Other ARTs the Obstetric Gynaecologist mentioned are In Vitro Fertilisation + Embryo Transfer (IVF +E) where ovulation is stimulated in the woman or the donor of the eggs, the eggs picked up, fertilized with partners or donors’ sperm, and deposited into the womb, and Intrauterine Insemination (IUI) where semen is washed, and sperm is deposited into the woman’s womb to find its way to the egg to fertilize on its own.

She noted that the cause of infertility determined the type of ART process, adding “People cannot be told to choose one ART process over the other as indications depend on the cause of fertility the individual is dealing with.”
ART, she indicated could be carried out on one or both partners based on preference and health conditions surrounding the couple and said the processes involve different artificial preparations and methods depending on the type being undertaken.

A publication by the World Fertility Services on IVF dated July 09, 2021, indicates that doctors suggest IVF to women with blocked fallopian tubes and men with low sperm count. Each of the processes has specifications and conditions considered prior to administration.

Costs of Assisted Reproductive Technologies

Dr Dixie, however, said the processes of ART and preparation was expensive for the average Ghanaian to afford.
Research by the GNA found out that IVF ranged from $4000 to $4500, IUI was from $300 to $1,000,00, while ICSI was processed from $1,400 to $2,000,00.

Even in the wake of medical ART targeted at reducing infertility, the average Ghanaian woman faced with infertility crisis still undergoes the “barren” stigma.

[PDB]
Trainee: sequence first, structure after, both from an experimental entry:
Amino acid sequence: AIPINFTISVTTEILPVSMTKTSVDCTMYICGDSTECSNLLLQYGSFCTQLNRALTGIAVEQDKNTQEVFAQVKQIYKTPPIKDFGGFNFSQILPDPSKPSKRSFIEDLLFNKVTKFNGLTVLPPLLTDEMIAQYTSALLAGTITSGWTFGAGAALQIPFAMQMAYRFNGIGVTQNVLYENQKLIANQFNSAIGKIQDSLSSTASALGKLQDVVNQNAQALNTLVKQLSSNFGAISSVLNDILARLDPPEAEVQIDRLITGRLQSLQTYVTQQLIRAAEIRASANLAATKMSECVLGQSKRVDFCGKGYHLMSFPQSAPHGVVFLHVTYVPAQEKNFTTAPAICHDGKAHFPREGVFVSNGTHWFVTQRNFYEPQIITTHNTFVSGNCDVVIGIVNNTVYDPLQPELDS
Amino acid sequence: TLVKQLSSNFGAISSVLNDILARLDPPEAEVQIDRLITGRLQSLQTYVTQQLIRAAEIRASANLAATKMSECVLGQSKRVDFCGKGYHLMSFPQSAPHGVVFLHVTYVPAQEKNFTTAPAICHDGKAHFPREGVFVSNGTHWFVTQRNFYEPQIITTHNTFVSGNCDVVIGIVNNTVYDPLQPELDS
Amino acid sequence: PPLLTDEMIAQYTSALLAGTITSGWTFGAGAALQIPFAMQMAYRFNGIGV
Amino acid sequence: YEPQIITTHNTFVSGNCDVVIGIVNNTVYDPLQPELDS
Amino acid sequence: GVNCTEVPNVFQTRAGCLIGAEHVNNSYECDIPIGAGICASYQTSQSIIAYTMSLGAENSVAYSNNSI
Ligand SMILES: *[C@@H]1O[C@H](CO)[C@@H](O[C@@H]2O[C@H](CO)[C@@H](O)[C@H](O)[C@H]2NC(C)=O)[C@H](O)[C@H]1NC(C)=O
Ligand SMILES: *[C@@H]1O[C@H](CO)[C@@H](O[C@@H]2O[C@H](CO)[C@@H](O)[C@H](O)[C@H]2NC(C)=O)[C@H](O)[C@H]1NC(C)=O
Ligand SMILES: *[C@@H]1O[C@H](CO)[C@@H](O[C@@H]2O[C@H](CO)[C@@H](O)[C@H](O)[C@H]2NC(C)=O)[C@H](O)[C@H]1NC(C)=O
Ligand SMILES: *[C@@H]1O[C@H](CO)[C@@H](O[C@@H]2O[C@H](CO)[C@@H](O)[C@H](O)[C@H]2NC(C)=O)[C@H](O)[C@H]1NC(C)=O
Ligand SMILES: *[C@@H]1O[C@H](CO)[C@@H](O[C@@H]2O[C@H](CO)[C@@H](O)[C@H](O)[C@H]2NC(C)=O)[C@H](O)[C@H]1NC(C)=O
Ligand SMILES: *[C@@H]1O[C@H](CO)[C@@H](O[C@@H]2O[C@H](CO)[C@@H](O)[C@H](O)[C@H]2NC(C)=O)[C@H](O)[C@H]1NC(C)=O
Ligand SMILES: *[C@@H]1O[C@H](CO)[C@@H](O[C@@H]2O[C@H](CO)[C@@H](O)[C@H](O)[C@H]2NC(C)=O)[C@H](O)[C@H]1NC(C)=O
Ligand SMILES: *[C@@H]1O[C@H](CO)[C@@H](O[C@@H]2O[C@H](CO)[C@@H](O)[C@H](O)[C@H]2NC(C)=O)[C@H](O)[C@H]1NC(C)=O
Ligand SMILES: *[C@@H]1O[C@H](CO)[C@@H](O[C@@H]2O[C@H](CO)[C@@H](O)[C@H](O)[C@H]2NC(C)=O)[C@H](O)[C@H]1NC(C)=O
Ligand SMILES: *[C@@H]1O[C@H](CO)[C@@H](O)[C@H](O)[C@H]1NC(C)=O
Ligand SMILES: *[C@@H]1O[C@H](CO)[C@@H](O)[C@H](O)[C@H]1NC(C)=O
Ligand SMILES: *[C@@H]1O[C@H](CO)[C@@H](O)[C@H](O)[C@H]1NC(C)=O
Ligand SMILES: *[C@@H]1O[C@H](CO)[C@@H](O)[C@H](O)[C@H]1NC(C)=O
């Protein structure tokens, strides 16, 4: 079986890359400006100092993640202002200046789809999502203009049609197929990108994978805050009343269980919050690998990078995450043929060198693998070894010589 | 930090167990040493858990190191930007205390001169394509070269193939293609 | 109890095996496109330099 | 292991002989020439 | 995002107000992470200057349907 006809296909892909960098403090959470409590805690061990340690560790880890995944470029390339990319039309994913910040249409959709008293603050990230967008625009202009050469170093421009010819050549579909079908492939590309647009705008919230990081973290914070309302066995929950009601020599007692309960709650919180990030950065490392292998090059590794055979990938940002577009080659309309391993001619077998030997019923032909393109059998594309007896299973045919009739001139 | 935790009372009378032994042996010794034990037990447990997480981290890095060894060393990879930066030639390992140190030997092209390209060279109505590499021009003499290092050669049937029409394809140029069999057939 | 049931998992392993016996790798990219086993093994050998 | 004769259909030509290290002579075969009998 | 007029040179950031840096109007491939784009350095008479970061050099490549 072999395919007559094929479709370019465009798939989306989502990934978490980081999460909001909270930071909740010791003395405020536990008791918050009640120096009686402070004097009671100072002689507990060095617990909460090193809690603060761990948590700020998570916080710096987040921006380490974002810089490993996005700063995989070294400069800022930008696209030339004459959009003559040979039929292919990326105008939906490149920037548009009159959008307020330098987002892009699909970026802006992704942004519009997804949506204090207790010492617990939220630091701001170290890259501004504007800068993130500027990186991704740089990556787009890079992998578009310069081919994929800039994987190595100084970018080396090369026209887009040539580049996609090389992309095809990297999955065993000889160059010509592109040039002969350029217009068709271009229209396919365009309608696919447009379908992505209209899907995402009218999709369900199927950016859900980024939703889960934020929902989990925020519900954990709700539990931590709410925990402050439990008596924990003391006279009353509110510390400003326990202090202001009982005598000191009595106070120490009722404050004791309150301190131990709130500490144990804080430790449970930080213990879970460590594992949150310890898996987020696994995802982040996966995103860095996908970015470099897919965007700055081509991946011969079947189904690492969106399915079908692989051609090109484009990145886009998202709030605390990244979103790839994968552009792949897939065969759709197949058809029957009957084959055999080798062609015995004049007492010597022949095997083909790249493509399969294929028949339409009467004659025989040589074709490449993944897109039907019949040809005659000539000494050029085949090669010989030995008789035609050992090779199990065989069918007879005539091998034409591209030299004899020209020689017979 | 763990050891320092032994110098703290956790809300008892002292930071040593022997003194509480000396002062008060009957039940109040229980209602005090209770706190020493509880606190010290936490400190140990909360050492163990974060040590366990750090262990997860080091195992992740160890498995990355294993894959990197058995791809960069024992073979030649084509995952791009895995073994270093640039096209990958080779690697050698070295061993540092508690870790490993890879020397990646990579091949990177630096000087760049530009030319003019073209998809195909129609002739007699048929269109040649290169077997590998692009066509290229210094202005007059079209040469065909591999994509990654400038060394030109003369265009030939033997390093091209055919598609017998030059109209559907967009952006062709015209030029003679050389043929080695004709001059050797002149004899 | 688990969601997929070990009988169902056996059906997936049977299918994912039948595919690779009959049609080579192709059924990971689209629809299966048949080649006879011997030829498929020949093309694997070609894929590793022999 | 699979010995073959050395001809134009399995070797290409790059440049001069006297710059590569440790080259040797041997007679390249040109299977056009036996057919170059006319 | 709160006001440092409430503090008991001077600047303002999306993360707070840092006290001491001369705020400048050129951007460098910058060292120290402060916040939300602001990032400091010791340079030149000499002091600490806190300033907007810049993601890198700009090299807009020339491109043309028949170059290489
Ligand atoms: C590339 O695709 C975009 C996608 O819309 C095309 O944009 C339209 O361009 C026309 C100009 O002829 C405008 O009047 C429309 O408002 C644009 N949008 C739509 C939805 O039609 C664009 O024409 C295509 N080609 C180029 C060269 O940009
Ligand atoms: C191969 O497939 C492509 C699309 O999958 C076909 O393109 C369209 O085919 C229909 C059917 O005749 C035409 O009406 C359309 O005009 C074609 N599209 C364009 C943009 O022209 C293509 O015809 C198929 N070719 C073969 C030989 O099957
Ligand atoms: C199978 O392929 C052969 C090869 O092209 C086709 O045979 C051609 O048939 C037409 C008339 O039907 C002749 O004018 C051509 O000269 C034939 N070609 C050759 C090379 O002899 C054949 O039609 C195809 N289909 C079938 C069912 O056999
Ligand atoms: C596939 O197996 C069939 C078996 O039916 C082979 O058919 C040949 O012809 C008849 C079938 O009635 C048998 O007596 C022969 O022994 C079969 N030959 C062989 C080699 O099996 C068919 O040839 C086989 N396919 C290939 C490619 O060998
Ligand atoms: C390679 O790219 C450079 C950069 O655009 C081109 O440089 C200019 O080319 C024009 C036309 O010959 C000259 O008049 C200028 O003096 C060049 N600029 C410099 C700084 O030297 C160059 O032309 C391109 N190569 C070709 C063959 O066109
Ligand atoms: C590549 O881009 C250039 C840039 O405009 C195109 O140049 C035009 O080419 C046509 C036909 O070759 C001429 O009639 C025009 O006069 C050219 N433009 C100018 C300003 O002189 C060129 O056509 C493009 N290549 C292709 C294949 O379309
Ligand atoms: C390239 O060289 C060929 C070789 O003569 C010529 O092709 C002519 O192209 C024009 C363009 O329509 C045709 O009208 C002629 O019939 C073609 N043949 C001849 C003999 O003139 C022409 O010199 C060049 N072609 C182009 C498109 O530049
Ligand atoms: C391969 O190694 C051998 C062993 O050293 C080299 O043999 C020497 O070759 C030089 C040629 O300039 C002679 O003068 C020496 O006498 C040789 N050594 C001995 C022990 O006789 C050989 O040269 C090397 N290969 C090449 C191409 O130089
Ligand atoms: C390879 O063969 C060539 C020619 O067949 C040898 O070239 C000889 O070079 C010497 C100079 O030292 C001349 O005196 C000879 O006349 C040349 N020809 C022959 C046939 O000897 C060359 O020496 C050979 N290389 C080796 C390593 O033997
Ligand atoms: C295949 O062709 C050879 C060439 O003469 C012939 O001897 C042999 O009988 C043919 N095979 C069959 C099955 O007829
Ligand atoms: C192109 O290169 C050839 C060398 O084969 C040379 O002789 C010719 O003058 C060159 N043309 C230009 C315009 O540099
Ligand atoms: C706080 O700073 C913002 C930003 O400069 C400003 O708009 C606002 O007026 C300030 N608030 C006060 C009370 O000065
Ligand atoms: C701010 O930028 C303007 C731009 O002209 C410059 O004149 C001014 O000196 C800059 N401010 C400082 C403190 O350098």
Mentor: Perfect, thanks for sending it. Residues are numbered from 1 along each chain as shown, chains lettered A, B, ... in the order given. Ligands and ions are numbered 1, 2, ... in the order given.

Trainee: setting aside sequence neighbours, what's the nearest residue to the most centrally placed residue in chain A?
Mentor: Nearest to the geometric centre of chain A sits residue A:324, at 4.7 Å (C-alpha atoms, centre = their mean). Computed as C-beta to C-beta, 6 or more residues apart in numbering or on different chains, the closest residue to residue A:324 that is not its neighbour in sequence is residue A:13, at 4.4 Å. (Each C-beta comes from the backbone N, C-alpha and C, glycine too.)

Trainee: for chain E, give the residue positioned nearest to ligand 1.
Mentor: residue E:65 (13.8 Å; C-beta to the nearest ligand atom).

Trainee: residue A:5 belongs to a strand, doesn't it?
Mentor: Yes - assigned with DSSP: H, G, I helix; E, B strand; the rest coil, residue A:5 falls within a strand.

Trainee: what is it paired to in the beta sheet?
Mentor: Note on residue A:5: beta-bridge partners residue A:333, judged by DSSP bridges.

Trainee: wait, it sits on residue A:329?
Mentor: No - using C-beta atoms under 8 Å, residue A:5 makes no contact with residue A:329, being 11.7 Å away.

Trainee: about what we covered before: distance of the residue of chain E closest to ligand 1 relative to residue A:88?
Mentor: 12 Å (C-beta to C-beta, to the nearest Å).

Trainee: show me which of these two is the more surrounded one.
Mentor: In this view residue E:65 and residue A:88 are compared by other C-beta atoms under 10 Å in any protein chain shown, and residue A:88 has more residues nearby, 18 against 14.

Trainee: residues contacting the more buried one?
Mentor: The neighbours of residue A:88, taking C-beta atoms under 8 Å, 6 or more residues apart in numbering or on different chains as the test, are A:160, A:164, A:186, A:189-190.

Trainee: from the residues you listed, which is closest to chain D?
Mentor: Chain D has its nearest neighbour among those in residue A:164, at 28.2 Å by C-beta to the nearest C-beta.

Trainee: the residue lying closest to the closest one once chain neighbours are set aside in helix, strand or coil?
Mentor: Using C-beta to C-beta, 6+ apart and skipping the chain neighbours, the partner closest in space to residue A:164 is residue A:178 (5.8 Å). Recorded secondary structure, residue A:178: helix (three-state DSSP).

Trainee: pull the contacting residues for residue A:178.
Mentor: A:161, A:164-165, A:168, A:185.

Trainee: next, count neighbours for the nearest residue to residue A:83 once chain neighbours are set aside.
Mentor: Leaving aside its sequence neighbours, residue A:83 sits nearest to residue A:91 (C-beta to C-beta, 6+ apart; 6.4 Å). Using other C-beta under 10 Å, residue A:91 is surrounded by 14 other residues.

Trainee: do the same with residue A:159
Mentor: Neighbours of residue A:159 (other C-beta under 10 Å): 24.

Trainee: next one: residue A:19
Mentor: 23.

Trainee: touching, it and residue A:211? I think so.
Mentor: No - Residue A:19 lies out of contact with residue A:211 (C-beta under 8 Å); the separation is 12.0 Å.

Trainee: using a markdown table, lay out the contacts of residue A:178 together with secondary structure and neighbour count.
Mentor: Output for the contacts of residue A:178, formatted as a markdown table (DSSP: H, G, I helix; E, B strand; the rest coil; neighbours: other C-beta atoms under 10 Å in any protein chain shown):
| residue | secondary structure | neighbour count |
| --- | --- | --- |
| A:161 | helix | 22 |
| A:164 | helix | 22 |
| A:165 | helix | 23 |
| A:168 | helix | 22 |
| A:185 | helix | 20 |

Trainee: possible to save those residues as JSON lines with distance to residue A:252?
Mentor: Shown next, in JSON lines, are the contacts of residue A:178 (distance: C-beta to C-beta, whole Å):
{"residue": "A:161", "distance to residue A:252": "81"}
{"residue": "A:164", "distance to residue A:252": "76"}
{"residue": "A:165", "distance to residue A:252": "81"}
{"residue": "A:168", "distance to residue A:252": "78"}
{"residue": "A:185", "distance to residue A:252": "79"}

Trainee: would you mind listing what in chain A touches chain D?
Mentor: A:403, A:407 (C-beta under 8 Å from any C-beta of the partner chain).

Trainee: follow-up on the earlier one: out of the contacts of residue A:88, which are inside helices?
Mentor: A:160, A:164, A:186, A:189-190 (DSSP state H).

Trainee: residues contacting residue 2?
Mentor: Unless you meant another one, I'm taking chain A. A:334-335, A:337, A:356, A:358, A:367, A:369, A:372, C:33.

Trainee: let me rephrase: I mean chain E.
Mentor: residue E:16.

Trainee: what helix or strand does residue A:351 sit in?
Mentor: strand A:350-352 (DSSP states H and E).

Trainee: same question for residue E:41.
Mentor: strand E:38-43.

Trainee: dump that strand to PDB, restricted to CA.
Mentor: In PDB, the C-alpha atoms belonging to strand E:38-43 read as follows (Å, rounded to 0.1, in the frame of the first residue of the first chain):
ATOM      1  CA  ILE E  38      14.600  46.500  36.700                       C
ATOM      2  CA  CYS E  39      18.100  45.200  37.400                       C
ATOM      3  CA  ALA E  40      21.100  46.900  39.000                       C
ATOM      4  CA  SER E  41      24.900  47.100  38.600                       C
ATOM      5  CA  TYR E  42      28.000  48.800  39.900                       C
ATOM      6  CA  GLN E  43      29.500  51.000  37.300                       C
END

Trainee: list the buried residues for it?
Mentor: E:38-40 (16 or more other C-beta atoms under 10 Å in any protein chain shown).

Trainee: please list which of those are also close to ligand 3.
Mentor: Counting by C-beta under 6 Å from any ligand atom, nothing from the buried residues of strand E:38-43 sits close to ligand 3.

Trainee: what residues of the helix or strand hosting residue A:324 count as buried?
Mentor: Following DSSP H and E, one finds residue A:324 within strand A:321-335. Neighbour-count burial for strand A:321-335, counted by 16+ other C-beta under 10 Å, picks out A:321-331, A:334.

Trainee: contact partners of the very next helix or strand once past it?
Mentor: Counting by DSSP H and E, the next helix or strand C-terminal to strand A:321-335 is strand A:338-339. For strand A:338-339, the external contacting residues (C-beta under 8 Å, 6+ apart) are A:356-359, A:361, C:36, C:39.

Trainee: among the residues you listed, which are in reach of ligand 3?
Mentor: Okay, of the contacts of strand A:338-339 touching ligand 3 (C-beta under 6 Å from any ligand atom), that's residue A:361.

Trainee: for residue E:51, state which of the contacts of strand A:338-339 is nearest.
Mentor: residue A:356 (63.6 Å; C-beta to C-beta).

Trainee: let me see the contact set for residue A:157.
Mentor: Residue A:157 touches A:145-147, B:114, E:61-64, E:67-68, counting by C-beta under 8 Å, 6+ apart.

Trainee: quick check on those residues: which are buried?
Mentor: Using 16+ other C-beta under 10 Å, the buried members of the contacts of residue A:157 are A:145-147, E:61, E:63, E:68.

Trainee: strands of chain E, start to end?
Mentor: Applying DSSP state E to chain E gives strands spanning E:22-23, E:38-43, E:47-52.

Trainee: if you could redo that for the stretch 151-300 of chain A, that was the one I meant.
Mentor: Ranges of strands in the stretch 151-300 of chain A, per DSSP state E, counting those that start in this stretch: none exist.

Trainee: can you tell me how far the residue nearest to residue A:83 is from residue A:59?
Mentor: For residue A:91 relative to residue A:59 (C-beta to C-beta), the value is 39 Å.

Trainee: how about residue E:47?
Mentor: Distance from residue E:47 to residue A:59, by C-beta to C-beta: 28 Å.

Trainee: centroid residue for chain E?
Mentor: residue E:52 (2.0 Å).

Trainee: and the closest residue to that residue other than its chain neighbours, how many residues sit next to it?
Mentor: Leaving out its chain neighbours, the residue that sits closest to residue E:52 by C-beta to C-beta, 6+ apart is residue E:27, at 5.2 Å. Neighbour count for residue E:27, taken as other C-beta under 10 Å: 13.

This is probably because the cost of ART is high for the average Ghanaian couple to afford.
Intervention/Way Forward

Women based organisations in Ghana have chalked many successes in their attempt to provide enabling environment for women. These have been in the areas of job creation and access to education for women.

It is without doubt that the stigma associated with female infertility is mental health threatening, and less discussed at national fora, thereby receiving little attention.

There is the urgent need for groups into women development and empowerment, to form a unit to mobilise enough funds to subsidise ART cost for women who are victimised as result of infertility.

Such support could be extended to partner with already existing national and international networks and non-governmental organisations, who are centred in fertility.

Reproductive Biomedicine and Society online, a journal dated June 2016 disclosed that “Currently, more affordable IVF is being introduced in Ghana on the initiative of the first Association of Childless Couples of Ghana (ACCOG) in collaboration with the Belgium-based non-profit organisation, the Walking Egg (tWE), representing another form of transnational networking.”

There may be other transnational networks to consolidate subsidies for the other ART processes just like IVF. The consolidation could comprise a medical team to determine the severity of victims’ infertility, whether there is the need for ART.

Mobilised funds could as well cater for women, who have infertility problems due to fibroid and related illnesses, who do not need solutions as much as ART to conceive.

Hundreds of people are unaware of the existence of ART while the few, who know about it, may be sceptical about their success.

There is therefore the need to consolidate the sensitisation programme to create the awareness on the benefits of the medical processes.

Addressing infertility issues should be considered a national health issue, to be incorporated in national health programmes and policies, aside individual and group efforts.

Tackling infertility stigma and societal assertions about it must be taken from an angle of finding an endless solution to the phenomenon itself, since years of education and “stop infertility stigma” campaigns have proved less successful.

This would technically give victims of infertility stigma the courage to overcome the stigma, knowing that there is a way out.